Friday, February 17, 2012

Guest Blogger: Brian Meeks, Author of Henry Wood Detective Agency

A complex yet intriguing story. It’s full of danger, betrayal, and even love.

Henry Wood is an average detective, at best. His typical cases are boring, predictable, and safe, that is, until his new client walks through his door. It is Jan 1, 1955 and up until now his world has been one of black and white, right and wrong, but Luna Alexander’s case is going to change all of that and there will forever be shades of grey.

Henry will face the mob, question his own understanding of right and wrong, and need to make a decision that goes against everything he holds dear. A bit of a lone wolf, he finds that sometimes one needs help from their friends.

There are clues, like bread crumbs, being left by a mysterious benefactor who seems to have Henry’s best interest at heart, but will Henry put it all together in time?

Self-Publishing Is Not As Scary As One Might Think
by Brian Meeks

I was contacted by a friend's mother, when she heard I had been self-publishing my books. Here is my response and the main point is that there are lots of people who have done it, and most of us, are willing to help. Also, it isn't as scary as one might think.


I do remember you. I would be delighted to tell you all about publishing and help you get your work up on Kindle. It is getting late now, so I will call you tomorrow. Until then, let me mention a few things I've learned.

Building up an audience is a slow process. That is okay, though, as the more readers one finds, the more they tell people. I mean, that is how you found me, because of your daughter. Living in the Social Media Age has provided an opportunity for all. It doesn't mean that everyone will be successful. It just means that everyone is given a shot. Those who work hard and write well will have a greater chance than those who talk about writing, and then when they do write, do it poorly.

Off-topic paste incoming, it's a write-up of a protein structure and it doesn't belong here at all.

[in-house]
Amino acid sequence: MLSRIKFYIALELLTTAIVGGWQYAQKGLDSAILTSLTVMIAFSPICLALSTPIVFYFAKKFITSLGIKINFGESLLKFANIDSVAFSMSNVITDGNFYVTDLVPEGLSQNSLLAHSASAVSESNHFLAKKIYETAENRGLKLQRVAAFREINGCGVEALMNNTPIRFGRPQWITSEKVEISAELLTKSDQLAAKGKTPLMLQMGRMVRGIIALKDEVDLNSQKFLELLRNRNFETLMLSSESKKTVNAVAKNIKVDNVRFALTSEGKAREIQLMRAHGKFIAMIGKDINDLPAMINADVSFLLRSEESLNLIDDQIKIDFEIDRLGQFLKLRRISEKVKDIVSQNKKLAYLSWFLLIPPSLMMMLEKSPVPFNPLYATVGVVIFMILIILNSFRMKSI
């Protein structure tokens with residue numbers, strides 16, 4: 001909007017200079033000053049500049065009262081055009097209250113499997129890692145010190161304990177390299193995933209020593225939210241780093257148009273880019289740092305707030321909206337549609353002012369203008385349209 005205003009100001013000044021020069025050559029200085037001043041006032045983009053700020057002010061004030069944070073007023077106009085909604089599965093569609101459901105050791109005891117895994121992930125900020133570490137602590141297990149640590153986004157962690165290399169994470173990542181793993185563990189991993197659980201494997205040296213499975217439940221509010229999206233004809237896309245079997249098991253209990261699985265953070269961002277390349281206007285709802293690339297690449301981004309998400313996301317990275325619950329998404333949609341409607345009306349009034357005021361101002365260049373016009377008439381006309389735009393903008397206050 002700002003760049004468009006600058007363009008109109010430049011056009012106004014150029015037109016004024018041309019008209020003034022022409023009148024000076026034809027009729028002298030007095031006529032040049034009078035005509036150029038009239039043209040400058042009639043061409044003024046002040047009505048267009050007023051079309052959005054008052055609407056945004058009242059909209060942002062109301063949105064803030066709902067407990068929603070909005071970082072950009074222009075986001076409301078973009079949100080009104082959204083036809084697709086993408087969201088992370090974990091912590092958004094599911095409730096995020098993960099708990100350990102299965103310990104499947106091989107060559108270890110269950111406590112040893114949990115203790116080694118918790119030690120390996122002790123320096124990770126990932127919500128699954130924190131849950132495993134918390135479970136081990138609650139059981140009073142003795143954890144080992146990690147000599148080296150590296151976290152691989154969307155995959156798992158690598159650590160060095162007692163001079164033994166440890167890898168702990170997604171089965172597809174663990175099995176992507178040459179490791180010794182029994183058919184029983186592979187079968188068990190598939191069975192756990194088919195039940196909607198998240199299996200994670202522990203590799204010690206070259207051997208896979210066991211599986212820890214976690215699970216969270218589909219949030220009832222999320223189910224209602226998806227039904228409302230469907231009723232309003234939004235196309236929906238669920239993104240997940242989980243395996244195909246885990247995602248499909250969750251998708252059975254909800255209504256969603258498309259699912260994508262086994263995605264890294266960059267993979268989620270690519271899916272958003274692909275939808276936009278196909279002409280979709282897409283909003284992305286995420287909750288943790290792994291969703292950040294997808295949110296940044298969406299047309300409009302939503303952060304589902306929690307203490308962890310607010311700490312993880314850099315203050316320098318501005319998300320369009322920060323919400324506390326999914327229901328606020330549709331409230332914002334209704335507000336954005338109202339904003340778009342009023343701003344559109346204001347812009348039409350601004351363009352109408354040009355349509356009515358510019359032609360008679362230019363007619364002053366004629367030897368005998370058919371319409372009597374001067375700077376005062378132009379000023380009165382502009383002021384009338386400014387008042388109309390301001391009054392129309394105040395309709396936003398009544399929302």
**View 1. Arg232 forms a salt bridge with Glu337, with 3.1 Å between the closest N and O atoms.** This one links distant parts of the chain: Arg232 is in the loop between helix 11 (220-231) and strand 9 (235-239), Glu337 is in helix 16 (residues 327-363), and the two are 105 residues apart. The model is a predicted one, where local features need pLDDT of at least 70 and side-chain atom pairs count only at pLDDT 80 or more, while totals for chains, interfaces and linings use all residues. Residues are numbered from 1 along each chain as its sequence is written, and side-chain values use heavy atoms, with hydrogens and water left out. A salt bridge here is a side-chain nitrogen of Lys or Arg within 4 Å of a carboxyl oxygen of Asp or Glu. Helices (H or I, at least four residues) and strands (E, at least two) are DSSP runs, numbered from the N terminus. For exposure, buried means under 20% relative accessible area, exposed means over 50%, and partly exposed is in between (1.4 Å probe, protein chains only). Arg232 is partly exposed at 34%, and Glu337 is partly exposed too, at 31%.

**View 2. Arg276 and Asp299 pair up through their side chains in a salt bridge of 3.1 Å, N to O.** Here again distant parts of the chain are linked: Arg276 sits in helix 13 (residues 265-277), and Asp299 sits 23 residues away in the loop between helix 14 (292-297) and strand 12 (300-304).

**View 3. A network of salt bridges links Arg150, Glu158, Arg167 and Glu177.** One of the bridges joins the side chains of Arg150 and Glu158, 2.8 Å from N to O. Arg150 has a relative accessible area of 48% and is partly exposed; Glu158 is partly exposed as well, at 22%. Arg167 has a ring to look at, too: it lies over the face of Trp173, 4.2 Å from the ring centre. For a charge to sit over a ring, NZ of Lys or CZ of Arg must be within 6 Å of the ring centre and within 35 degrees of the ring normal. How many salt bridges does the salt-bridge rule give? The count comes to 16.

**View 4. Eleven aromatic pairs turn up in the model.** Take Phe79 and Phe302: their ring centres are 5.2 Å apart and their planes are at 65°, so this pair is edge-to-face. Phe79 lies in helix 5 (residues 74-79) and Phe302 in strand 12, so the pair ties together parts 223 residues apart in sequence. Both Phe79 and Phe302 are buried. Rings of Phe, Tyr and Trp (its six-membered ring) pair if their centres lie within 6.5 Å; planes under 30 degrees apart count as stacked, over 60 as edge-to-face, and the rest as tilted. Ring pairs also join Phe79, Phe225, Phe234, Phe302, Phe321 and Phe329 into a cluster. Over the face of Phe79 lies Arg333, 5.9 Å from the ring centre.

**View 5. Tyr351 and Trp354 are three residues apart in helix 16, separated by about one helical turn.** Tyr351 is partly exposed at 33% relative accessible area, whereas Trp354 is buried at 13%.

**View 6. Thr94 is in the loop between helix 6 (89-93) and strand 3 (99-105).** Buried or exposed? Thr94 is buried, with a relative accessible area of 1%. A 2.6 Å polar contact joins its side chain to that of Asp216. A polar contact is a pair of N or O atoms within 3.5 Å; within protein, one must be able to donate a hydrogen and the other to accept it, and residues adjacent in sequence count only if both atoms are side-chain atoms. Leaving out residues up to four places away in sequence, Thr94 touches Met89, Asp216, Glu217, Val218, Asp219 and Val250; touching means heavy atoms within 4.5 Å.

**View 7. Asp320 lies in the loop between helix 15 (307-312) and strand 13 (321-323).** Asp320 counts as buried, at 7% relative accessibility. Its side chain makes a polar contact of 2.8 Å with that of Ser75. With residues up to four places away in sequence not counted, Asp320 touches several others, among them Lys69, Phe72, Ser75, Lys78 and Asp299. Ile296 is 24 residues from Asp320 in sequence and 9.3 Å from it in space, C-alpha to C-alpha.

T.S. Elliot once mused, "Some editors are failed writers, but so are most writers."

Writing is a joy, but that joy pales in comparison to having one's writing read. I've seen it written that it takes 10 years to become an "Overnight" success as a writer. I don't know if this is true or not, but I've been writing for just over two years, completed three novels and one non-fiction book. I'm hardly a success, yet, but I am getting sales every single day. To me, that is some measure of success. One month ago, I was getting a sale or two per week. In a year, who knows.

The point is that I will keep writing, continue to self-publish, and I will make sure to build my audience every day, as best I can.

As for the publishing end, I have this to say. Most people who want to self-publish and don't are simply unable to comprehend what is involved, not that it is difficult, but that it is so foreign. If one buys a new piece of software and installs it on their computer, they will find that <ctrl> c and <ctrl> v are used for copy and paste, because it is universal. They are familiar with which buttons to choose to make it do what they want, but publishing is unlike anything tried before, there isn't a familiarity that helps one get over the fear.

That is why it is nice to have someone who will answer your questions. I didn't have anyone, but that was okay, as I am naturally predisposed to figuring stuff out on my own. I have learned what to do and I'll be glad to share it.

Until tomorrow,


Brian Meeks is the author of the Henry Wood Detective series and the recently released, Two Decades and Counting: The Wins, The Streak, The Hawkeyes Thru the Eyes of Roy Marble. He had a publisher for the 1st book in the Henry Wood series, but decided to self-publish the Roy Mable book, as he was interested in learning what was involved. He found it enjoyable and the success of the launch has changed his plans for the upcoming release of the second and third books in the Henry Wood series. With the exception of Two Decades, he has written all of his novels as serials on his blog, and they can be found there, warts and all. Brian hires an editor before publishing and goes to great lengths to produce a quality product, but he doesn't mind people seeing how he writes during the initial draft. "It is motivating to write as a serial and I don't want to let anything get in the way of telling the story."

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